Documentary on rock star David Crosby is powerful, sad
“David Crosby: Remember My Name” is a compelling, brutally honest 95-minute film portrait of a musical giant, now 77, who could never quite get comfortable in his own skin.
The documentary biopic’s incredibly powerful.
With closeups that dramatically show Crosby’s self-bewilderment, intensity and remorse.
Asked why he’s still alive — after “two or three heart attacks” and the insertion of eight stents, a liver transplant and a life jammed with addictions to cocaine and heroin — he says, while citing friends like Janis Joplin, Mama Cass Elliot and Jimi Hendrix who didn’t come close to making it to old age, he doesn’t know.
But, although he’s afraid of it, he’s pretty sure he’ll die soon.
The musical artist reminisces about his first shot of heroin being “great,” but claims he never could “get back there,” and insists that drugs aren’t meant to get users high.
Instead, he elaborates, they’re meant to anesthetize.
And he reports, somewhat cavalierly, that he’s overdosed a couple of times: “They had to bring me back.”
The documentary, which premiered at Sundance and opens in many theaters on Friday, skips over an unhappy childhood with a father who never once said “I love you” to the rock ‘n’ roll hall of famer’s successful founding of The Byrds (to get the attention of girls) and Crosby, Stills and Nash (whose second gig together was at Woodstock).
With stops along the way for a peek at his love affair with another famed but “damaged” singer-songwriter, Joni Mitchell; his love for a fan, Christine Hinton, who died in a Marin County traffic accident at age 21; and his marriage to Jan, who’s stuck by him for more than three difficult decades, teaching him along the way to love himself (despite his insisting he’d give up his family if necessary to keep making music).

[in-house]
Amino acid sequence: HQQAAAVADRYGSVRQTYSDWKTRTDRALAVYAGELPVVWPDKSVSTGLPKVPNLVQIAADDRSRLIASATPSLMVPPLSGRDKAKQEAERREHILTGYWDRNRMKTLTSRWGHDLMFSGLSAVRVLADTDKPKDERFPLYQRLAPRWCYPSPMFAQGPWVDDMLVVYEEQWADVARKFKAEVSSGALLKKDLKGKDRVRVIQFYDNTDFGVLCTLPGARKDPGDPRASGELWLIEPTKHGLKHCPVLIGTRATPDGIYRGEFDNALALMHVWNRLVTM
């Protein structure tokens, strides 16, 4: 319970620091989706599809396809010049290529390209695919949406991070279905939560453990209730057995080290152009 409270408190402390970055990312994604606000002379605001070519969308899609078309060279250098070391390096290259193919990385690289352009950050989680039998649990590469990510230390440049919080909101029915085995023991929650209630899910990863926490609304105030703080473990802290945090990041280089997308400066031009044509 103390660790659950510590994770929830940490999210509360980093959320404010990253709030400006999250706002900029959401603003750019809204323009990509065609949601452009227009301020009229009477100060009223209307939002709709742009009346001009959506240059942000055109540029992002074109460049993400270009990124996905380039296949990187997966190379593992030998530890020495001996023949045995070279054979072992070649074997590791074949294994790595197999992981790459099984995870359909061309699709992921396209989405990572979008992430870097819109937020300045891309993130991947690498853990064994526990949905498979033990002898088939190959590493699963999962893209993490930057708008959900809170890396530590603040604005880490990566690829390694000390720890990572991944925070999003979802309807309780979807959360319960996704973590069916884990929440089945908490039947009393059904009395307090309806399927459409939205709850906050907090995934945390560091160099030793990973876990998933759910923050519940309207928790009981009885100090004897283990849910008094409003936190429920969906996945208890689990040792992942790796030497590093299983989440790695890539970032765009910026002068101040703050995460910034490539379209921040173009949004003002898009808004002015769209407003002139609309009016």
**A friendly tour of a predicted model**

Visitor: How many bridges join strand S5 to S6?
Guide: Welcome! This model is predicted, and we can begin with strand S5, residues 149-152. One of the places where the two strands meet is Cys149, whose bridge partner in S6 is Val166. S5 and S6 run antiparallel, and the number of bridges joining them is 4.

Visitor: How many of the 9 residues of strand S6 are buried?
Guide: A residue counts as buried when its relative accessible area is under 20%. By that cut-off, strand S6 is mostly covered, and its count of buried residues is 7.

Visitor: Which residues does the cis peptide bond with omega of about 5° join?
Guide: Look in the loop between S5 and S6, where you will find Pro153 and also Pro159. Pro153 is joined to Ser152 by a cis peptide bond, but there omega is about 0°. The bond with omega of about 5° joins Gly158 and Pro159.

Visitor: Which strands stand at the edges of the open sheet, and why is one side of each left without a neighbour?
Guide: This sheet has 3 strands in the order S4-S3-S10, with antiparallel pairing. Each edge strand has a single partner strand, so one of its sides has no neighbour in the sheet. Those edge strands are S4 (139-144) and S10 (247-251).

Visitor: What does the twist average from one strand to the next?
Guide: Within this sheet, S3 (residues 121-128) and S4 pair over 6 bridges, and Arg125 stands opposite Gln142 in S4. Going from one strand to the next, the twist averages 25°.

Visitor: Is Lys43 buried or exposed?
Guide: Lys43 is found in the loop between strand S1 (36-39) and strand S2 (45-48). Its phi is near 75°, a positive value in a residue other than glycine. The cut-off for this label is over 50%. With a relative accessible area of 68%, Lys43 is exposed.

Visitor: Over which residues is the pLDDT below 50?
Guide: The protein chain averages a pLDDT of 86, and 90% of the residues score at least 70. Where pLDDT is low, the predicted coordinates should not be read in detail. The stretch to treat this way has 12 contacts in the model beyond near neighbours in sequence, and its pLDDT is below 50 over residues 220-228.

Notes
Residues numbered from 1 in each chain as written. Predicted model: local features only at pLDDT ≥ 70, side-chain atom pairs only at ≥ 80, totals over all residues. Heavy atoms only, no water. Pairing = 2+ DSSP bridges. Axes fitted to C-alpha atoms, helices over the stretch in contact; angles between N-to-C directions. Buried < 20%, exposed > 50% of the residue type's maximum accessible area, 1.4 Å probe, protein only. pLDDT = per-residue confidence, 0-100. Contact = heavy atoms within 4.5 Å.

He’s filmed bragging about having slept with a triple-digit number of women.
And dropping the names of The Beatles, Bob Dylan, Jerry Garcia (and Jim Morrison of The Doors, whom he labels “a dork”).
Not to mention Dennis Hopper using his persona as a template for the guy he played in “Easy Rider.”
The biopic also focuses on Crosby’s conspiracy theory about the Kennedy assassination and his opposition to the Vietnam War — and his being a fugitive from the law, surrendering to the FBI and being imprisoned in solitary for four months (during which time he finally got clean and sober after having never been on stage without drugs).
Not to mention his borrowing $25,000 from The Monkees stalwart Peter Tork to buy a sailboat to escape from a life that had become temporarily intolerable.
The documentary, directed by A.J. Eaton and produced by Cameron Crowe (whose interviews comprise a large chunk of the film), also touches on Crosby’s self-evaluations (such as “I don’t think I was a good lover…I was selfish…wacko”) while moving back and forth through time.
It also depicts an older if not wiser Crosby, white-maned and white-mustachioed, leaving CSN to do solo albums and tour.
And willing to talk about the group’s bitter breakup and “the biggest mistake I make — getting mad…You say stuff and do stuff that’s hurtful.”
Ultimately, the doc’s biggest impact stems from Crosby’s lack of contact with those with whom he collaborated on so many hit records: “All the main guys I made music with won’t even talk to me…[They] dislike me strongly.”
Sad, for sure.